Monday, September 04, 2017

She Married Two Wild Bills

September 4, 2017
   Agnes Lake married two Wild Bills. The second one we all know, but the first one was a clown of some renown: William Lake Thatcher. I think of him as a Civil War era Sammy Hagar. 

Daily Whip Out: "Clowning Around, Literally" From a photo.

   Billed as "Master Thatcher" early in his career, the east coast native performed in a number of equestrian acts with multiple companies between 1834 and 1840. Some believe he suffered a bad accident while performing dangerous stunts on horseback and he was forced to switch his circus performances to the clown arena. After the 1841 season he focused on witty clown routines and developed a bit with his two dogs, Bibo and Rolla. He worked with multiple circuses before he met and married Mary Agnes Mersmann in New Orleans in 1846. Together the two traveled the country, with Bill becoming the "Master of the Arena" and "Director" for the next 20 years. The Lakes finally started their own circus because they were tired of not getting paid when the shows they worked for went out of business. Bill Lake developed a reputation as a solid performer and a steady employer.

Daily Whip Out: "Mr. & Mrs. Lake"

   The Lake's Hippo-olympiad and Mammoth Circus was doing quite well and the circus veterans, Mr. and Mrs. Lake (the Thatchers used Bill's middle name professionally) had plans to buy a horse farm in Kentucky, right across the river from Cincinnati, at the end of the 1869 season.

A Bad Customer
   The Lake's Hippo-olympiad and Mammoth Circus took a swing through rural Missouri, landing at  Granby in the southwestern part of the state. 

August 21, 1869
   After the evening's regular performance the ushers begin clearing the tent of circus goers who had not bought admission to the bonus feature, a minstrel show. A young, local ne'er-do-well is found hiding under one of the seats and when confronted, he refuses to leave. Bill Lake is summoned, who walks straight up the miscreant and tells him to pay up or get out. Jacob Killian (also spelled as Killyou, Killyon and Killen) gets smart and tries to pull a revolver, but Bill—used to dealing with punks like this around the country—immediately disarms the young man and escorts him to the door by the scruff of his collar and throws him out. Lake keeps Killian's pistol, and the local authorities are summoned. Humiliated, Killian stays at the entrance cursing and threatening to kill Lake. He finally leaves.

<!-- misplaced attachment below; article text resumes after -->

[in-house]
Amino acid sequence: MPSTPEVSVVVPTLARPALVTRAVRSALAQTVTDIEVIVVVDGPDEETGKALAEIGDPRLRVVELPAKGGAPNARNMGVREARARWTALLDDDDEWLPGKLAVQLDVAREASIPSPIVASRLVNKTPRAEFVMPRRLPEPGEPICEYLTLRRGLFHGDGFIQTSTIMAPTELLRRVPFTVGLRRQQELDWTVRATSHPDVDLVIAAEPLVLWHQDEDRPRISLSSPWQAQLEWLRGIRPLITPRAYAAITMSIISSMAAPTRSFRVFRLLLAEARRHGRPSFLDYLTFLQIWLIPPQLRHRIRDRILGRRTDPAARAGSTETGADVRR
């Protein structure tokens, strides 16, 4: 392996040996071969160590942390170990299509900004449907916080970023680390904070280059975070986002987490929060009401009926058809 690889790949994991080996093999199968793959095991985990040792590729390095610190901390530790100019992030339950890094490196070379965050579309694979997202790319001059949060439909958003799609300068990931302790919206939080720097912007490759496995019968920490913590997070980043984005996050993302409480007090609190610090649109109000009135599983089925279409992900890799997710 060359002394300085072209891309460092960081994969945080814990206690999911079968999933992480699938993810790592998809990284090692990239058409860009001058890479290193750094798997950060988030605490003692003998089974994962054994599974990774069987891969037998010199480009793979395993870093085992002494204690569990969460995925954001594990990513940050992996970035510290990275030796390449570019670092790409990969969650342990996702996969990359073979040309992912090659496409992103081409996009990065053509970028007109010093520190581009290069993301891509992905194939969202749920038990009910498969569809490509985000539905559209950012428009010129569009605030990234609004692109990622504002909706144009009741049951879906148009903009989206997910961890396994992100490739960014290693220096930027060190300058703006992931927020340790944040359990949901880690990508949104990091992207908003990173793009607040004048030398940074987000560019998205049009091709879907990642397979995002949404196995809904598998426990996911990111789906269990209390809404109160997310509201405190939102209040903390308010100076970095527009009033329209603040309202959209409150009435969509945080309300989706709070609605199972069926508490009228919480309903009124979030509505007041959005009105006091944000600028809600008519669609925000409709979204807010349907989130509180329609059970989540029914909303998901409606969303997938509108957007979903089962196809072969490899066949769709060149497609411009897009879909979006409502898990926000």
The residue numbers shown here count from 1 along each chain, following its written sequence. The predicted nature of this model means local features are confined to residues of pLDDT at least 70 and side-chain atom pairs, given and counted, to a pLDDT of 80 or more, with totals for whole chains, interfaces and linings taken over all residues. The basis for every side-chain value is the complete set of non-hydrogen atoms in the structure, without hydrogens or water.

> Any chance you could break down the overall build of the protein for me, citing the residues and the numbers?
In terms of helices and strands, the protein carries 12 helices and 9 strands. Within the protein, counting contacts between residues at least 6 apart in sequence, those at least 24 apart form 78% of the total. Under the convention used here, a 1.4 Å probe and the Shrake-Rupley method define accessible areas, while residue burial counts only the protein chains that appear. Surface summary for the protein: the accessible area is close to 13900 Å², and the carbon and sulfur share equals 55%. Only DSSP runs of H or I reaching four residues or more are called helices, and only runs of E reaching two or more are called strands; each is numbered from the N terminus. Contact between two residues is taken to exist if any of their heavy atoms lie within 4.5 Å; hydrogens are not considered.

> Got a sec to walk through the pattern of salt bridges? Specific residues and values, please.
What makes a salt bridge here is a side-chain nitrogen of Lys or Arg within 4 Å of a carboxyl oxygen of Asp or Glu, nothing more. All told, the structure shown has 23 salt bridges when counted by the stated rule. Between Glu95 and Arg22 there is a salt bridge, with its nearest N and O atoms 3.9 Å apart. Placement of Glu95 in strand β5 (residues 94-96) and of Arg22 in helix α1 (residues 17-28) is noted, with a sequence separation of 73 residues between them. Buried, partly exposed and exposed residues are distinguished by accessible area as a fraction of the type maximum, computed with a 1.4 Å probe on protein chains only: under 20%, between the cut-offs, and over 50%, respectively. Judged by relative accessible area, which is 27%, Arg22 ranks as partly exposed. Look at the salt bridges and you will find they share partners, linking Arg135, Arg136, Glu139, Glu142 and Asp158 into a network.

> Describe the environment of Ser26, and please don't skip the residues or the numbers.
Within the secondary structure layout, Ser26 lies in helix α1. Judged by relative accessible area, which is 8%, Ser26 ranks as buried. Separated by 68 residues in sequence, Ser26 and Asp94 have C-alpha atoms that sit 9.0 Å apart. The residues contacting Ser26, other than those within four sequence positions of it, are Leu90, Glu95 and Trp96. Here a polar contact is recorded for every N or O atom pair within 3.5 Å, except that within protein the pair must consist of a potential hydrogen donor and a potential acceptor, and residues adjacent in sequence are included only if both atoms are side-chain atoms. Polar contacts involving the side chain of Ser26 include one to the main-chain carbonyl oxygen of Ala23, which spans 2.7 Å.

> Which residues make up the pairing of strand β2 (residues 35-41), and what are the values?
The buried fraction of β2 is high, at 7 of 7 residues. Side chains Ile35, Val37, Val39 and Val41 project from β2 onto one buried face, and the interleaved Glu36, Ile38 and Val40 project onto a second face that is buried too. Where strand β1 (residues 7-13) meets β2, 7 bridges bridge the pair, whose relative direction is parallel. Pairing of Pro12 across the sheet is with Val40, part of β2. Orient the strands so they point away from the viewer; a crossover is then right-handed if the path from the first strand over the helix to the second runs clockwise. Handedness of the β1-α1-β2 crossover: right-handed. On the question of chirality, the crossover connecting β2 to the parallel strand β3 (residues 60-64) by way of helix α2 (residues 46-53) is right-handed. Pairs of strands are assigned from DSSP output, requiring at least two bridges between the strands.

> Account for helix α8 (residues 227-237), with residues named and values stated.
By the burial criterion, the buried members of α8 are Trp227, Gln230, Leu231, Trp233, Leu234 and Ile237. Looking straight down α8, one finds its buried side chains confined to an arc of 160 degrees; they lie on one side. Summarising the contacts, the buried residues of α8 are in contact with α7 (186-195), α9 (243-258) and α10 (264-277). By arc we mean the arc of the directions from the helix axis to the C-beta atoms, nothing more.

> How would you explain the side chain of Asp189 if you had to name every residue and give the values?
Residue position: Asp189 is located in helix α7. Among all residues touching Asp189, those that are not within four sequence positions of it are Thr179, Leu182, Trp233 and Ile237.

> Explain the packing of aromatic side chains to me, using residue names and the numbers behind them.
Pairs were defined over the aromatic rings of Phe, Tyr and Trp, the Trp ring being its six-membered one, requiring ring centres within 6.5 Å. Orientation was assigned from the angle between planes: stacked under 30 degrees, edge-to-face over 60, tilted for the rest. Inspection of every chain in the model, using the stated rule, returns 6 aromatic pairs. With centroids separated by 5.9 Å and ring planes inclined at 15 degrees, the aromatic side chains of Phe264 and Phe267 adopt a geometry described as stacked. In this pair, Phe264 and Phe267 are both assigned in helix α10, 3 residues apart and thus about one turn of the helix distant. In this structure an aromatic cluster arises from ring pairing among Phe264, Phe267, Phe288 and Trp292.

Bill Lake returns to his duties and gets ready for the minstrel show. Before the show begins, a local Deputy Marshal named Bailey shows up to interview Lake. Bill tells the lawman he will keep the young man's pistol and relinquish it in the morning.

   At the front entrance, Killian has returned and tells the doorkeeper he is "not a quarrelsome man" and that he is willing to "pay to go in." The Sedalia Weekly Bazoo reports what happened next:

"While they were talking, Marshal Bailey and a Mr. Thompson were standing facing Mr. Lake, not three feet from him. Killyon again approached from behind Thompson, and throwing his revolver over Thompson's right shoulder, shot Mr. Lake, the ball entering about three inches above the right nipple, coursing, apparently downward towards the heart. Mr. Lake staggered a few yards and then fell down on his hands and said, 'My God, boys, I am killed; carry me home.' He was immediately carried to his room in the Southwestern Hotel, but expired almost as soon as it was reached."

   Everyone scatters and ducks for cover, including the deputy. In his panic to escape, Killian trips and falls, accidentally discharging his pistol a second time, but he manages to slip out of the tent and escapes into the night.

   Agnes offers a $1,000 cash reward for Killian's capture, but her desire to see justice done will take a long time and in the end, it takes a very unsatisfactory turn.

"War is both the simple shape of the arrowhead and the complicated life that it annihilates."
—Karl Ove Knausgaard, "Autumn"

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